Many of them were  not funded from within the the ‘mainstream’, so not surprisingly,as the austerity cuts bite they find themselves  out of work, starved of funds and ignored by Whitehall.

This coming together of the  Class of 97 (not all of whom are old enough to have been with the  ‘programme’ since 97) can be seen in two ways.

Looking into the glass half full, we can perhaps see this as  a real opportunity to harness the talents and skills of some of the countries brightest and best to work alongside local people, formal government structures and private business to find new and radical ways of tackling many of the problems we face.Freed of the constraints of public sector bureaucracy,forever filling in forms for the next funding round and twisting and turning to align with the latest ‘bright idea’ from some Whitehall think tank, these people can develop their own unique, dynamic and often local approaches that connect with the real lives of people.They come to rely less upon funds than the release of latent energies and talents.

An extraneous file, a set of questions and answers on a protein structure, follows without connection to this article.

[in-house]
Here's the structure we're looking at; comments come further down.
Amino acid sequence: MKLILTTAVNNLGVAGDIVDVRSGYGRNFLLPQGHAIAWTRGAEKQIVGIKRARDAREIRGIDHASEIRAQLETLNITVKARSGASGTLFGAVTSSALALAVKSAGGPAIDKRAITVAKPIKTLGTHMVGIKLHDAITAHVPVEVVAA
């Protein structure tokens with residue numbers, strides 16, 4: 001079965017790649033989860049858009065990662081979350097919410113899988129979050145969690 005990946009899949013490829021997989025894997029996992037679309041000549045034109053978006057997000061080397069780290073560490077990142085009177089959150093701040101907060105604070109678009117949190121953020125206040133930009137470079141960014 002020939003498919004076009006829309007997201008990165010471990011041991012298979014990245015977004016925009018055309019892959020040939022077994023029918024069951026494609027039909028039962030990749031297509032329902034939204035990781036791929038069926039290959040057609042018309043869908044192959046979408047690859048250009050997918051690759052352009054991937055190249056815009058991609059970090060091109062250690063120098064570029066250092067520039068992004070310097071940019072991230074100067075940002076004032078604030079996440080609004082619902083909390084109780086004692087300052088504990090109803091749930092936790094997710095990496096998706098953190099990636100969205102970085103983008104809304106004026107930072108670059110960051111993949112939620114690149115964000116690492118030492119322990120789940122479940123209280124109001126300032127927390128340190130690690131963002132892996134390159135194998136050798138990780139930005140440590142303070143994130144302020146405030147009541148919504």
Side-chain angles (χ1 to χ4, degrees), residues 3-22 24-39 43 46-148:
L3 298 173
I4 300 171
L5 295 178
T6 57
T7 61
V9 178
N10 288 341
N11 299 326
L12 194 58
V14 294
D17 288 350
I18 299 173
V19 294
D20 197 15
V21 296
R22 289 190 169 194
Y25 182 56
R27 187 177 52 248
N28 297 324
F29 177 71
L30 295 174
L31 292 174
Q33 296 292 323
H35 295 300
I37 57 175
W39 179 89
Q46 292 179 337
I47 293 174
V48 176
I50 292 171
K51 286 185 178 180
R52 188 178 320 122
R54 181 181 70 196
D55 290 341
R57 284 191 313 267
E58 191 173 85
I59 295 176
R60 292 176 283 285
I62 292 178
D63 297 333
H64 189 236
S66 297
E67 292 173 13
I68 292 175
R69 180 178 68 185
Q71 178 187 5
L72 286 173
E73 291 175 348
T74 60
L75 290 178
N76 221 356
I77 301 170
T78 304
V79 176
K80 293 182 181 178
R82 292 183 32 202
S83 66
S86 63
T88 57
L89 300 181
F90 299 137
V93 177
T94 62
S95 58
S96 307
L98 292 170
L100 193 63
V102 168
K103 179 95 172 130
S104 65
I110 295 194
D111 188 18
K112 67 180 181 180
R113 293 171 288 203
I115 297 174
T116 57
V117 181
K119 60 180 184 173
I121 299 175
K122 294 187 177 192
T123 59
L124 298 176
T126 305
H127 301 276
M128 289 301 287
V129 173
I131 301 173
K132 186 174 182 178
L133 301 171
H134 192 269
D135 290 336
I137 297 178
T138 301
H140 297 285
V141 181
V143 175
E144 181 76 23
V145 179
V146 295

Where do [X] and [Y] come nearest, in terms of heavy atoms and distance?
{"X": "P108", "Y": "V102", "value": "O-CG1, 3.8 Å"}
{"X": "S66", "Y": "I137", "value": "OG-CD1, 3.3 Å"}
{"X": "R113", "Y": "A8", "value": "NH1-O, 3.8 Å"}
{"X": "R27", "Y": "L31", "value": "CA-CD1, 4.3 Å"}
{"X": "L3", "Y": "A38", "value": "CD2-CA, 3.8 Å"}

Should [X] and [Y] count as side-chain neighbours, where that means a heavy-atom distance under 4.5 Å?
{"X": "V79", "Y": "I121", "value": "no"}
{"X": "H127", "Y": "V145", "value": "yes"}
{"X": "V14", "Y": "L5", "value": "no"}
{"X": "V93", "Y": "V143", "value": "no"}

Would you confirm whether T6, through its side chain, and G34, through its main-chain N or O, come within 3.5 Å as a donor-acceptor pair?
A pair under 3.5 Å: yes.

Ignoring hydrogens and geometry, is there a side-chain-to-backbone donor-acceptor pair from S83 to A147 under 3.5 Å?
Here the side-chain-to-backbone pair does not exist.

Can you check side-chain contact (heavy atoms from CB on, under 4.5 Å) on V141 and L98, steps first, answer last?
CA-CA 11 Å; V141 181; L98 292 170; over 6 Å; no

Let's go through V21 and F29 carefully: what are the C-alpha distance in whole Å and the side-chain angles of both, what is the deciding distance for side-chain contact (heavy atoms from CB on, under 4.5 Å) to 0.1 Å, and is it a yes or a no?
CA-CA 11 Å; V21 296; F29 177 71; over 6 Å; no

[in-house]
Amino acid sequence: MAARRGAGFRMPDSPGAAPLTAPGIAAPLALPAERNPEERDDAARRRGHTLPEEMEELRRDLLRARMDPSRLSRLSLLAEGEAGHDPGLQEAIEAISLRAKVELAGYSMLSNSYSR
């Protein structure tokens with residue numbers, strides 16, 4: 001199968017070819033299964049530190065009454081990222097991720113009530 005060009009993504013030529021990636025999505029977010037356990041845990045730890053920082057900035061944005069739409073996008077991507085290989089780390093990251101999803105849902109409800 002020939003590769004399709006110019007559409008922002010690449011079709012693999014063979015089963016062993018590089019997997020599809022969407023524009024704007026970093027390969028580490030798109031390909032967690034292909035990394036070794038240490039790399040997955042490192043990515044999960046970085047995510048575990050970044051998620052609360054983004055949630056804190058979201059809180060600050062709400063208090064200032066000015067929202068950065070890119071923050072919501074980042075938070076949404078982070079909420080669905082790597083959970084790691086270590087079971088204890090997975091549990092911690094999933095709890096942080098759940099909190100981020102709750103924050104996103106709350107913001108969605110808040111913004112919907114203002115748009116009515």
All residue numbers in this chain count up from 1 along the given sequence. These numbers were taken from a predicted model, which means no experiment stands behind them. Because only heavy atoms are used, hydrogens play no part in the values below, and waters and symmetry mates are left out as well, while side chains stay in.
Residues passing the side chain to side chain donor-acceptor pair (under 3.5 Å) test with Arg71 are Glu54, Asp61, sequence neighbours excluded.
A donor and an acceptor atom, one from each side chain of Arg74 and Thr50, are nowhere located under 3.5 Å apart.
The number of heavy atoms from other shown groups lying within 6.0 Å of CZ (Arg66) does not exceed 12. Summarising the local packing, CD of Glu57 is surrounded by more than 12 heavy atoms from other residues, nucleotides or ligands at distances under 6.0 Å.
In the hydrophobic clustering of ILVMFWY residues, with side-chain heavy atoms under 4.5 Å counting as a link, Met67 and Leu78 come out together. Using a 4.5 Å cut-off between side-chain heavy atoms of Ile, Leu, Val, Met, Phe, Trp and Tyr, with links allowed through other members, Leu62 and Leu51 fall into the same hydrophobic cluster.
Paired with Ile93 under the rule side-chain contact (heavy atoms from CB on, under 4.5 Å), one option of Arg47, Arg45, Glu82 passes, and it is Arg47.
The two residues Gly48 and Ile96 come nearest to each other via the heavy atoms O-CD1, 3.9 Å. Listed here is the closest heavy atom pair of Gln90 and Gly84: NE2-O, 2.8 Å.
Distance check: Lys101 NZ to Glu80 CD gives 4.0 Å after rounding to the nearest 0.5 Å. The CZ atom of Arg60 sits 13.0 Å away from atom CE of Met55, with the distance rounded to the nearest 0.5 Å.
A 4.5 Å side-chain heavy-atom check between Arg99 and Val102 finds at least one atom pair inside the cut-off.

At the risk of being controversial, I might say that this is a burgeoning and necessary growth of the Big Society – informal,intuitive,networked,energetic and passionate.

Business cards mount up, emails to Jane and John @me.com take the place of  emails previously sent to council@gov.uk.

If you want to see how these new entrepreneurs work, you have to go not further than the pages of linked- in, very much the medium of choice for all of us .

But then I see the glass empty out.I notice that most of those linked-in entries and retweets are nothing more than some form of online Reuters or AP news bulletin alerting us to information that we either don’t need or previously lived without.